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Design vs. Dyslexia: Innovation promises new hope for children with dyslexia

Date:
January 27, 2010
Source:
University of Cincinnati
Summary:
Researchers are designing a 21st century electronic toolkit to speed learning for children with dyslexia.

These graphics, part of Renee Seward's project, help children associate the smallest units of sound with letter forms.
Credit: Image courtesy of Renee Seward, University of Cincinnati

Reading and retaining information. That's the challenge faced by the one in five children who have some form of dyslexia.

Overcoming that challenge could soon become easier for educators and children thanks to pioneering design research from the University of Cincinnati's internationally ranked College of Design, Architecture, Art, and Planning (DAAP).

Renee Seward, UC assistant professor of digital design, will present her innovative electronic project, titled "Reading by Design: Visualizing Phonemic Sound for Dyslexic Readers 9-11 Years Old," at the Southwest International Reading Association Regional Conference in Oklahoma City, Okla., on Feb. 5, 2010.

She will likewise present her research project during the March 2010 International Technology, Education and Development Conference in Valencia, Spain. (In Spain, Seward is scheduled to be a virtual presenter.)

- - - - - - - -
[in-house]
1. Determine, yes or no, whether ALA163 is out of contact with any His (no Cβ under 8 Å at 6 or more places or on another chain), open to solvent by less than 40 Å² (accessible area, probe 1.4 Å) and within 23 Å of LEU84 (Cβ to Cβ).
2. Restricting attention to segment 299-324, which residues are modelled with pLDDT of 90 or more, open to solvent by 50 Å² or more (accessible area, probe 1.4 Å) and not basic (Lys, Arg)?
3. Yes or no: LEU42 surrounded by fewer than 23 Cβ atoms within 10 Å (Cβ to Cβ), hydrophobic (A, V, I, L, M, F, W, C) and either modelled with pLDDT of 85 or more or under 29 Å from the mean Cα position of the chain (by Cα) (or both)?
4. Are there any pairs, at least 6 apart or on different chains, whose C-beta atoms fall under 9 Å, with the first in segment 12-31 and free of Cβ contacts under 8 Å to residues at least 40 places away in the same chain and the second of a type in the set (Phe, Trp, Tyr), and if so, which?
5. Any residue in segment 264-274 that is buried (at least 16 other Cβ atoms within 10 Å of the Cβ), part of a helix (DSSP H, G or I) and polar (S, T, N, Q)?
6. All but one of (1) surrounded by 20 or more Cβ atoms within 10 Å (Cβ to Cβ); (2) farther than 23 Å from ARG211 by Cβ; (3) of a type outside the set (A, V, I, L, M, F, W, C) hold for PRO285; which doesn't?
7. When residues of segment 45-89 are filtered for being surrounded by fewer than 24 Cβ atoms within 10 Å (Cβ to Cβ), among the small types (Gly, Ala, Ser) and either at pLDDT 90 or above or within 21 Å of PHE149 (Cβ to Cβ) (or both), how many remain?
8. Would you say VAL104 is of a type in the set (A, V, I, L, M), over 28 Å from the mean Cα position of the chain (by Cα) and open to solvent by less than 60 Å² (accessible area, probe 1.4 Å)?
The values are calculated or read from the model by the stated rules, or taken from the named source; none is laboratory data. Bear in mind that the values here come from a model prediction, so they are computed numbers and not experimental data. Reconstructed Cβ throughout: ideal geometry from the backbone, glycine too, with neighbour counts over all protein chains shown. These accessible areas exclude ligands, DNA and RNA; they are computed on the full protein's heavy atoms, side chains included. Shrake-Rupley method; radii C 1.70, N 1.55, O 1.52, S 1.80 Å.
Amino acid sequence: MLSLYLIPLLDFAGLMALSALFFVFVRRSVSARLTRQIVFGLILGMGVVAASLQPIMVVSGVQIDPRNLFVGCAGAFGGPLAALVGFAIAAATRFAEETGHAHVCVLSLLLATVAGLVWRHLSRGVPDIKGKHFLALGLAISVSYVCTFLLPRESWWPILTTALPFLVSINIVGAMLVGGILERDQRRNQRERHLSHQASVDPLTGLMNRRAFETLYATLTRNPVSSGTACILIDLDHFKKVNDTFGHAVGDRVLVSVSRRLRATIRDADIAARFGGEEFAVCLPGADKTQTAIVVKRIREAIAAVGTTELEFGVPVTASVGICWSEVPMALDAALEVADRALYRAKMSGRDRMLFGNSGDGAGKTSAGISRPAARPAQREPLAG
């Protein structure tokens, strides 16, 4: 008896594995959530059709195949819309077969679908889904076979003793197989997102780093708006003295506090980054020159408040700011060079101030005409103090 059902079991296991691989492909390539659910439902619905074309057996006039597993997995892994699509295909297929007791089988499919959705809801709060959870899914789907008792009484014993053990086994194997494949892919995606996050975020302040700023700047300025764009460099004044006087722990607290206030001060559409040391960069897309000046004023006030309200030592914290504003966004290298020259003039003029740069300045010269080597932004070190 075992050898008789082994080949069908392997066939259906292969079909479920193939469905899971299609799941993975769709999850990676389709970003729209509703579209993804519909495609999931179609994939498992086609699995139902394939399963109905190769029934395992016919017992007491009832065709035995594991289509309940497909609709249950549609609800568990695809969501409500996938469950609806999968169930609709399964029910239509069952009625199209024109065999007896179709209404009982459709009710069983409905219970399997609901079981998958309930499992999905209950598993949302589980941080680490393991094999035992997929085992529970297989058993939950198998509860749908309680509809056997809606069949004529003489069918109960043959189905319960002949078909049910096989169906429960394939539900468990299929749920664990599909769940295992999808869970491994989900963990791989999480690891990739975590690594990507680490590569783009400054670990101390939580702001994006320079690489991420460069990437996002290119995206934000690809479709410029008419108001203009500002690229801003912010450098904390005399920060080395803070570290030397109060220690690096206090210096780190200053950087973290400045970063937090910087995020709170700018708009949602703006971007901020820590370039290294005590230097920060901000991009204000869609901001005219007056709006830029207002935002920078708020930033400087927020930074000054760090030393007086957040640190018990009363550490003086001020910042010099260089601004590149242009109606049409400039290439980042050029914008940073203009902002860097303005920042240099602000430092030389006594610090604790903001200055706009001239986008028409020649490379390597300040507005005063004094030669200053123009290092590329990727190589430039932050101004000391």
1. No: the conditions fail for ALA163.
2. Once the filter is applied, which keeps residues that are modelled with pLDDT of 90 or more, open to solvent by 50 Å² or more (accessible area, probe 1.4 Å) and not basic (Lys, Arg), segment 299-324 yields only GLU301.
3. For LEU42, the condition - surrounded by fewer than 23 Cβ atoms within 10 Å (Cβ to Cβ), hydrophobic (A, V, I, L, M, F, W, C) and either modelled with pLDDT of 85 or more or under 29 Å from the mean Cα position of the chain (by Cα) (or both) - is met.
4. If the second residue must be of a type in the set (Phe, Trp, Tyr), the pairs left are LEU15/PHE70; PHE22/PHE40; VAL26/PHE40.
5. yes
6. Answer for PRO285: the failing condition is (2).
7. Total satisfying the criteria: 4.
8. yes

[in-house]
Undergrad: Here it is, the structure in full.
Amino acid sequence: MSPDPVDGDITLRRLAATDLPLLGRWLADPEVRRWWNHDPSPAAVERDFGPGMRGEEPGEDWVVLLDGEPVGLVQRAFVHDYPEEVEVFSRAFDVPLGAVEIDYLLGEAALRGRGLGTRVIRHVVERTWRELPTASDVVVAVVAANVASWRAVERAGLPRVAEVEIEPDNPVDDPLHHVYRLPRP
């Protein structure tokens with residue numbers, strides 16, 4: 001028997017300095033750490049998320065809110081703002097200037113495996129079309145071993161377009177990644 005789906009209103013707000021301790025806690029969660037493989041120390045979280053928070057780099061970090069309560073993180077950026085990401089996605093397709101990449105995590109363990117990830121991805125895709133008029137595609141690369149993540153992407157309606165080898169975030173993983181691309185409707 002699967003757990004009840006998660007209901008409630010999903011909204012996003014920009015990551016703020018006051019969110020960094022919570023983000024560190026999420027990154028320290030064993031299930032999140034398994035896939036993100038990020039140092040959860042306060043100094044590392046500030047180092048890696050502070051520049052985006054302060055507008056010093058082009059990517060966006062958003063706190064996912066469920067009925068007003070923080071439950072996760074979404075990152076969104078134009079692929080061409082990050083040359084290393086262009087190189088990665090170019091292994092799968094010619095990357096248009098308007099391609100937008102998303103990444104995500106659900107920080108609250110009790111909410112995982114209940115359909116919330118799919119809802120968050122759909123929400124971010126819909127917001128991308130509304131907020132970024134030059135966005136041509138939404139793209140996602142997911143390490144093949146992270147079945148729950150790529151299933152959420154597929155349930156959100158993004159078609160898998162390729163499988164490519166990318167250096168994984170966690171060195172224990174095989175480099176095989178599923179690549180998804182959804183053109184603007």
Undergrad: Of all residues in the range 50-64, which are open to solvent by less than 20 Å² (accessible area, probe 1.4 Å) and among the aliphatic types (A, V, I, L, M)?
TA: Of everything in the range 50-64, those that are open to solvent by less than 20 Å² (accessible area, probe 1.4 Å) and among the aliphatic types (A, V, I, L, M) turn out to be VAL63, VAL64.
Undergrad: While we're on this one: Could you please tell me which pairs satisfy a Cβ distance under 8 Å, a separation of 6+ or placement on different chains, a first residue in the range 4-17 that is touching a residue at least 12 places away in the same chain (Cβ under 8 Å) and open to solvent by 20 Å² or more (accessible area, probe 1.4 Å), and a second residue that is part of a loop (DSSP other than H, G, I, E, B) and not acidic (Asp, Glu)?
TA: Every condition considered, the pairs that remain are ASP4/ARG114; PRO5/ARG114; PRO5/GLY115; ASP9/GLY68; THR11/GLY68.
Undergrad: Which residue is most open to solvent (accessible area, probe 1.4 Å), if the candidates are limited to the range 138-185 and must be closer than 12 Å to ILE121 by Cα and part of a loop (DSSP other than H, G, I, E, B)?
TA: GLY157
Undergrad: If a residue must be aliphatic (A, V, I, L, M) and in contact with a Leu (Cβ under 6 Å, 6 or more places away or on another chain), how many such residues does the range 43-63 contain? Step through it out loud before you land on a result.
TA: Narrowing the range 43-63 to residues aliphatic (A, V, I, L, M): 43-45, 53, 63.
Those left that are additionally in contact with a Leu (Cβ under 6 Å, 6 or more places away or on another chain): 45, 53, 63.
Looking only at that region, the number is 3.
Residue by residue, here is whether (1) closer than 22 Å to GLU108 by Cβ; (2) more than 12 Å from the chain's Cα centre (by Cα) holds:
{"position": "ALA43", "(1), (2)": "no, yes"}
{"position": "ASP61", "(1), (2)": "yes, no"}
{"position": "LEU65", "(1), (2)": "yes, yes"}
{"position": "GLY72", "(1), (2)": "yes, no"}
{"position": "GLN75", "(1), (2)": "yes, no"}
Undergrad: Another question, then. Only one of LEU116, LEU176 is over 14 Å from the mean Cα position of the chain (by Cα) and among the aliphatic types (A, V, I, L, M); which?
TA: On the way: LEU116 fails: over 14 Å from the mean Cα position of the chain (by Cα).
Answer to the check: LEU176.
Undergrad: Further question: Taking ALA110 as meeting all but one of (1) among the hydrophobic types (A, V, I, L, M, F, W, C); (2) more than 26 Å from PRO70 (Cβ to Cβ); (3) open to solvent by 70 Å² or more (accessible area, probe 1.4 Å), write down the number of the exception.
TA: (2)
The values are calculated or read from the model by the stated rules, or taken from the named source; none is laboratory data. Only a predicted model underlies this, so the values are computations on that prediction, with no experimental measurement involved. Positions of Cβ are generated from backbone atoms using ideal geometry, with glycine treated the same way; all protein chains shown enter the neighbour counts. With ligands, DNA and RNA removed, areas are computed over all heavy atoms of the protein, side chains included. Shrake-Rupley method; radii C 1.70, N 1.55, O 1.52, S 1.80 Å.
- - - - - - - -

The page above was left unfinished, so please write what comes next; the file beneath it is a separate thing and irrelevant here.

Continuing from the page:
In developing this toolkit to help educators more effectively assist children with dyslexia, Seward has developed an online tool that creatively employs sight, sound and physical movement to increase the reading and retention abilities of children aged 9 to 11 who have dyslexia. (A separate portion of the project employs physical tools and employs touch to aid educators and children.)

The project was inspired by the struggles of a friend's child to read.

How 'Reading by Design' Works

"In my work," said Seward, "I want to deemphasize the 26 letters of the alphabet and emphasize the 44 common sounds of the English language. I do so by helping educators employ children's senses, from the visual to the kinesthetic."

The key, she added, is knowing that dyslexia is not rooted in problems with visual perception. It's rooted in memory. Individuals with dyslexia have difficulty recalling and making a quick connection between a sound and the letter representing that sound.

"The child is able to read the letter 'b.' He or she is unable to quickly recall that we associate that symbol with the sound, 'buh.' That's dyslexia in a nutshell."

So, in the toolkit she is developing, Seward begins with the smallest units of sound and helps children associate them with letter forms. With the touch of a mouse, a teacher working with a child can scroll over the letter "p," and the "p" will then morph to display common items associated with the "puh" sound: (peach, peppermint, pie, pea and piano).

The "Reading by Design" toolkit has a number of other activities:

  • Sound elements and creative visuals working in concert to reinforce reading retention and recall.